Vulpes Libris

A collective of bibliophiles talking about books. Book Fox (vulpes libris): small bibliovorous mammal of overactive imagination and uncommonly large bookshop expenses. Habitat: anywhere the rustle of pages can be heard.

Murder at The Old Red Lion

by Edward Petherbridge


From the 1st to the 31st of December last year, Edward was appearing in Tom Stoppard’s Artist Descending a Staircase at The Old Red Lion Theatre in Islington.

The Old Red Lion is one of the oldest public houses in London; an inn of that name has stood on the same site since 1415, when Islington was just a small village. Thomas Paine began work on The Rights of Man here and the tavern’s gable end is depicted in Hogarth’s print ‘Evening’.

In 1979 a small studio theatre opened on the first floor. It seats approximately 60 people, which makes for an interesting and intimate, if ever so slightly cramped, theatrical experience for both audience and actors …

The following poem is a foretaste of a small commemorative volume Edward is producing about the play which will include his rehearsal diary (from which we published a short extract here last month) in full as well as other poems and original artworks – all related to Artist Descending.

Note: You had to be there really. To see the youngsters acting a walking tour in France on the postage-stamp stage, to appreciate Jeremy Child’s character’s obsession with Edith Sitwell. If you did come, were you part of a silent audience or one given to hilarity? There seemed to be nothing in between. E.P.


Murder at The Old Red Lion

(The red-carpet treatment)

The carpet, beer-stained fleur-de-lys
Leads to cloud-capped stage – we squeeze
Behind in cluttered gloom,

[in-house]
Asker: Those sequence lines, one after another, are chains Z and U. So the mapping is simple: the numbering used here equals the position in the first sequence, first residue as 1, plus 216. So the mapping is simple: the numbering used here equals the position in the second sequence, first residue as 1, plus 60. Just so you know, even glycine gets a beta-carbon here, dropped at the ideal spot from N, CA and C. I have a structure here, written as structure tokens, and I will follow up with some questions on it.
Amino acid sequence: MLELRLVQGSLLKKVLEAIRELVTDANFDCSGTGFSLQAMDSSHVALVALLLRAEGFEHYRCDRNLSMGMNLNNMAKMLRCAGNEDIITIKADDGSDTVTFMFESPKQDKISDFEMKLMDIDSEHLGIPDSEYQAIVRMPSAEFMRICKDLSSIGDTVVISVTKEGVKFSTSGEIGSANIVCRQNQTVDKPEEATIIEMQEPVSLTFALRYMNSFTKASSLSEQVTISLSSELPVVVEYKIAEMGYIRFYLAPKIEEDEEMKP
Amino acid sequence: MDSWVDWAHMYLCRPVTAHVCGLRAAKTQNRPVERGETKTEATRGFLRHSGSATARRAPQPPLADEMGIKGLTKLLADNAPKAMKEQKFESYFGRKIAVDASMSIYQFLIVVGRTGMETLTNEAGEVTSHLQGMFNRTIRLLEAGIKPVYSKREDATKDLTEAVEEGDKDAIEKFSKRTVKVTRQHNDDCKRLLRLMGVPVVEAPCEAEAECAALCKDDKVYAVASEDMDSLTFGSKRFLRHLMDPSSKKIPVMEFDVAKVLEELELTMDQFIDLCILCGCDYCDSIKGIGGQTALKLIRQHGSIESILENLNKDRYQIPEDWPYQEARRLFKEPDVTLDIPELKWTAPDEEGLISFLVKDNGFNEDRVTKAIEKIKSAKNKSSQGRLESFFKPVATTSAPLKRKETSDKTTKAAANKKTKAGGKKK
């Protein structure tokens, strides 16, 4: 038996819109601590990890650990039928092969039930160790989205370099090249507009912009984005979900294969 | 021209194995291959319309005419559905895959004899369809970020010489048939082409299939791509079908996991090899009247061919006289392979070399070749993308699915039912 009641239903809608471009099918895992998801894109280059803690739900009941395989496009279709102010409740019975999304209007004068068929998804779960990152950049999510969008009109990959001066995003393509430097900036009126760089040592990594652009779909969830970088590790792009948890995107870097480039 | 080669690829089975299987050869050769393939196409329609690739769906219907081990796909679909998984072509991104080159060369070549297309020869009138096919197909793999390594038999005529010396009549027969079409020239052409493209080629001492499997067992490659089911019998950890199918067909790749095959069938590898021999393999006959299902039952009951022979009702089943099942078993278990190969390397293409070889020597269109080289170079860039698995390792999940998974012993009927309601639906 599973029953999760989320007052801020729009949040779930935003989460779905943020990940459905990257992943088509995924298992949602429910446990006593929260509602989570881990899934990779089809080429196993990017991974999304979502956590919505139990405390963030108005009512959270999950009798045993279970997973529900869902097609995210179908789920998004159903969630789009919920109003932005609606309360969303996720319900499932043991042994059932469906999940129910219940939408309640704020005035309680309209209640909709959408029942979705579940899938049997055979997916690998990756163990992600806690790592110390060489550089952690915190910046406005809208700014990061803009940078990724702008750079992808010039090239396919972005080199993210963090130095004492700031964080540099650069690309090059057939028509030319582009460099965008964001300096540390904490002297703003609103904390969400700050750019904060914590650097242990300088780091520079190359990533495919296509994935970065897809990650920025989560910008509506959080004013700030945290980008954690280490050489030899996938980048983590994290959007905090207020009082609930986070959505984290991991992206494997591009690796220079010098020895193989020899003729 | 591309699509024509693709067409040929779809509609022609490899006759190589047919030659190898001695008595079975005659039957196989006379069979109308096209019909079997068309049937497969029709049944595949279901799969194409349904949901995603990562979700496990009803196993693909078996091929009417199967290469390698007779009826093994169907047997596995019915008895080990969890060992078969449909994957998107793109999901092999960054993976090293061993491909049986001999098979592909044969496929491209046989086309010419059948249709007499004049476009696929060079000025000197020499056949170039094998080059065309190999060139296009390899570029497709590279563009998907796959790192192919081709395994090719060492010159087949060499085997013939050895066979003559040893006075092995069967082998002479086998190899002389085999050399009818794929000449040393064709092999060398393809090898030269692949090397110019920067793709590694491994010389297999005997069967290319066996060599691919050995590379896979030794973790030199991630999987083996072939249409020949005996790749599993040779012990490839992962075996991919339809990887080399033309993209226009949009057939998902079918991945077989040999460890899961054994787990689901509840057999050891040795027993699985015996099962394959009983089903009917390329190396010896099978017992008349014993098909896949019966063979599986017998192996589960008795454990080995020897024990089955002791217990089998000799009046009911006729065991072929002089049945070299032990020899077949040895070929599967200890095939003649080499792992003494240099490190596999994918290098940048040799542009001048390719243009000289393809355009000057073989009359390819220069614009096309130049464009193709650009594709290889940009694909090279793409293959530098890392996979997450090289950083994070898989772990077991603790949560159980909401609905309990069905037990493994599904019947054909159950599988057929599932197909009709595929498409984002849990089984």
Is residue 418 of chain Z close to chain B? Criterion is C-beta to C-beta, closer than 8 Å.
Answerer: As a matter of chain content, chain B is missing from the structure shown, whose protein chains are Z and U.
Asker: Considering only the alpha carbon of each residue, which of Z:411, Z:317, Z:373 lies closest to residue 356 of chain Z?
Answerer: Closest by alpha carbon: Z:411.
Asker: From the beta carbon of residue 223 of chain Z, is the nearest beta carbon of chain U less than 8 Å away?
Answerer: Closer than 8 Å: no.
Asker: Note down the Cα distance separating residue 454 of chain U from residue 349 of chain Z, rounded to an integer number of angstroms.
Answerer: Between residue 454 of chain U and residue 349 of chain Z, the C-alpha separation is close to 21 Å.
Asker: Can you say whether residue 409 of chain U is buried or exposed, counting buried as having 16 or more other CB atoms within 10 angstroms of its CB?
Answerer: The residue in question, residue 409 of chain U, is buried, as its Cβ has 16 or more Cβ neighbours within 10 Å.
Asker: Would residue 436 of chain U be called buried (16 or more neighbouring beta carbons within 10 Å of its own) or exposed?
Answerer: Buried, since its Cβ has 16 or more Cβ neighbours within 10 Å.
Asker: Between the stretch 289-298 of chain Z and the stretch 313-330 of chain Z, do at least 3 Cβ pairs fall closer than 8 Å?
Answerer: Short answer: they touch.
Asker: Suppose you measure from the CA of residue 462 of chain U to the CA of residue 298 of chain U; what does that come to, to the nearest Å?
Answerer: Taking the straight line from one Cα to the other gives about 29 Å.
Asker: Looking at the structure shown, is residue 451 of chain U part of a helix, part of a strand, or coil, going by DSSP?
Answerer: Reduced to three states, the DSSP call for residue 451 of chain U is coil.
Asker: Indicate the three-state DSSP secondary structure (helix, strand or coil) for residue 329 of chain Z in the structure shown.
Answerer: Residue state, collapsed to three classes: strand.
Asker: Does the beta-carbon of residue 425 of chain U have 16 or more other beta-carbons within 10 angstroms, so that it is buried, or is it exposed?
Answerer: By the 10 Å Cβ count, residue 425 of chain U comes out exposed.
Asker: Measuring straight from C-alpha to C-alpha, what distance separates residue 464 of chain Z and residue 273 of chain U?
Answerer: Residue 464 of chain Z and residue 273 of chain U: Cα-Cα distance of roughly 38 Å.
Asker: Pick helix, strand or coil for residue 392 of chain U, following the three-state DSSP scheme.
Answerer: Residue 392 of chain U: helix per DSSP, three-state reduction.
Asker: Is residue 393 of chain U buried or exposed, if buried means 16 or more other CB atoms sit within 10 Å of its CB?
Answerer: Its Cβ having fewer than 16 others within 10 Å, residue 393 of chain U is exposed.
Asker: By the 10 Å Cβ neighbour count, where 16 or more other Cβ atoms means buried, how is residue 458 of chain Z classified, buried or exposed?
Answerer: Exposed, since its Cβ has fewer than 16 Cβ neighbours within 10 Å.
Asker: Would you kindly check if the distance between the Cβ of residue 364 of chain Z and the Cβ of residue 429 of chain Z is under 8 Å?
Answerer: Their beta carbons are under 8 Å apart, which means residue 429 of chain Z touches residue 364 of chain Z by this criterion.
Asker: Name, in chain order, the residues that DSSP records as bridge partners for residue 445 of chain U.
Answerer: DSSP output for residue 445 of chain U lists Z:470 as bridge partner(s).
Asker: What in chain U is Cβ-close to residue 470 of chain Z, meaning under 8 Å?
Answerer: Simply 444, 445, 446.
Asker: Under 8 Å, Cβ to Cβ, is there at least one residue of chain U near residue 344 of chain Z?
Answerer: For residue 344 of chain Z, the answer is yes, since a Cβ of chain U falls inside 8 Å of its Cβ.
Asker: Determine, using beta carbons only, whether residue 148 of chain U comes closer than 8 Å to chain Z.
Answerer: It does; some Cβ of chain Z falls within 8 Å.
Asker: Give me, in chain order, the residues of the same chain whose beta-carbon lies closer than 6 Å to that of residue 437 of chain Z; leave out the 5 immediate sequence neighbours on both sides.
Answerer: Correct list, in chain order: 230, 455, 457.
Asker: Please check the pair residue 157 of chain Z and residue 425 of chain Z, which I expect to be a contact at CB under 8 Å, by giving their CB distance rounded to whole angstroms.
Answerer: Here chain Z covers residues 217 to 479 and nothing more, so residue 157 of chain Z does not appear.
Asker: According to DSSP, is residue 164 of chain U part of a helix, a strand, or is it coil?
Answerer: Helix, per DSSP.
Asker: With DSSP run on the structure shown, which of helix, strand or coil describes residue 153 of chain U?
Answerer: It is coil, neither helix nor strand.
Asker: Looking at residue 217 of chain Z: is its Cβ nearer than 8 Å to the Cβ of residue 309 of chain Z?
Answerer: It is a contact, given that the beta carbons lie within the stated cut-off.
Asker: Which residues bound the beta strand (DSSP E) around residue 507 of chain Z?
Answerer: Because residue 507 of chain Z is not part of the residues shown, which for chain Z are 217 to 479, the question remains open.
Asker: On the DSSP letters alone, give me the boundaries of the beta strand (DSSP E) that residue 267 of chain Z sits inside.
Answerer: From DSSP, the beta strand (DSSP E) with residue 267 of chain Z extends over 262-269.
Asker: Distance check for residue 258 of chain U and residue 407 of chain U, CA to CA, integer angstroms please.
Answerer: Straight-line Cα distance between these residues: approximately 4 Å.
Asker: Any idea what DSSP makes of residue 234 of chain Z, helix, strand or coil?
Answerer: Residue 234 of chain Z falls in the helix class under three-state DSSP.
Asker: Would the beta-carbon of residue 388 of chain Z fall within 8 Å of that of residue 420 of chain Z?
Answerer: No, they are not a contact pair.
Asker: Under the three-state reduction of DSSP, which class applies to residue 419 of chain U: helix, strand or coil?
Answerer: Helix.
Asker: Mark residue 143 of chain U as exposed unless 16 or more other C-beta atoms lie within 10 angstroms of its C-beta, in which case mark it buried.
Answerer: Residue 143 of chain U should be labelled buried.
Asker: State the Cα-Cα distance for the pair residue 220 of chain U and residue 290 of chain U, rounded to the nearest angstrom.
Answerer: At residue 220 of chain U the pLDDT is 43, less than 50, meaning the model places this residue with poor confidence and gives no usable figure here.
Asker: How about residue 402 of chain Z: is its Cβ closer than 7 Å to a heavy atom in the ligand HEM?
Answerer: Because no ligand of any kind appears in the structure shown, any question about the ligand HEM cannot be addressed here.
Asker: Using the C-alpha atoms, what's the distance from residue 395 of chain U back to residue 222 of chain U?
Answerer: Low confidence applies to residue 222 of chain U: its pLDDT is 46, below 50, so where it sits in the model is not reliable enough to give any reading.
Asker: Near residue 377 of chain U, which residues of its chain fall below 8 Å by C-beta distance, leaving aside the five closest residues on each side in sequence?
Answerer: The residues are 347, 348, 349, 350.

Reach our minute tiring room.

Who would care to put his head in?
Not a space to be found dead in
Yet we all prepare to live here
Practise Thespic take and give here.easel

Here we’ve conned Tom Stoppard’s pages
Entered this most cramped of stages
Walked the vasty fields of France
Mused on Edith at the dance.

Tried to act and stand and Sitwell
Even when the gags don’t hit well
When there is an arid dearth
Of anything resembling mirth.

Thought, when we have talked of horses
How much breadth our narrow courses
Conjure, through Tom’s mighty line;
Wit and tenderness entwine!

Absurd, humane, satirical
The clownish, dark and lyrical
Yes the beer stained fleur-de-lys
Leads us where we strive To Be.

© Poem and photographs.  Edward Petherbridge.  2010.

(Edward now has his own blog – Petherbridge’s Weekly Post – updated every Sunday.  You can follow it HERE.)

3 comments on “Murder at The Old Red Lion

  1. RoniCarr
    January 26, 2010

    I was there! I laughed!! What a lovely poem and so very evocative. Ive never been to the Old Red Lion before. Its a very “cosy” venue. Off to read the rest of the site, which I’m so pleased to have found!

  2. Nikki
    January 26, 2010

    I wasn’t there sadly 😦 I saw a Tom Stoppard play on Friday that I’ve never seen before (Every Good Boy Deserves Favour) and it’s bolstered up my resolution to see more theatre and I’m so intrigued about this play I’ll be keeping a special eye out for this. Will be checking out the weekly post as well. Thank you for this.

  3. Jackie
    January 26, 2010

    What an evocative piece, the intro, the poem, the photos really captured a mood that was at once old-fashioned & appealing. I liked the subtle humor in the poem and the skill with rhymes, they didn’t feel forced at all, but quite natural. Really enjoyed this post.

Leave a Reply

Fill in your details below or click an icon to log in: Logo

You are commenting using your account. Log Out /  Change )

Google photo

You are commenting using your Google account. Log Out /  Change )

Twitter picture

You are commenting using your Twitter account. Log Out /  Change )

Facebook photo

You are commenting using your Facebook account. Log Out /  Change )

Connecting to %s



Editorial Policy

The views expressed in the articles and reviews on Vulpes Libris are those of the authors, and not of Vulpes Libris itself.

Quoting from Vulpes Libris

You are very welcome to quote up to 100 words from any article posted on Vulpes Libris - as long as you quote accurately, give us due credit and link back to the original post. If you would like to quote MORE than 100 words, please ask us first via the email address in the Contact details.


  • (The header image is from Aesop's Fables, illustrated by Francis Barlow (1666), and appears courtesy of the Digital and Multimedia Center at the Michigan State University Libraries.)
  • %d bloggers like this: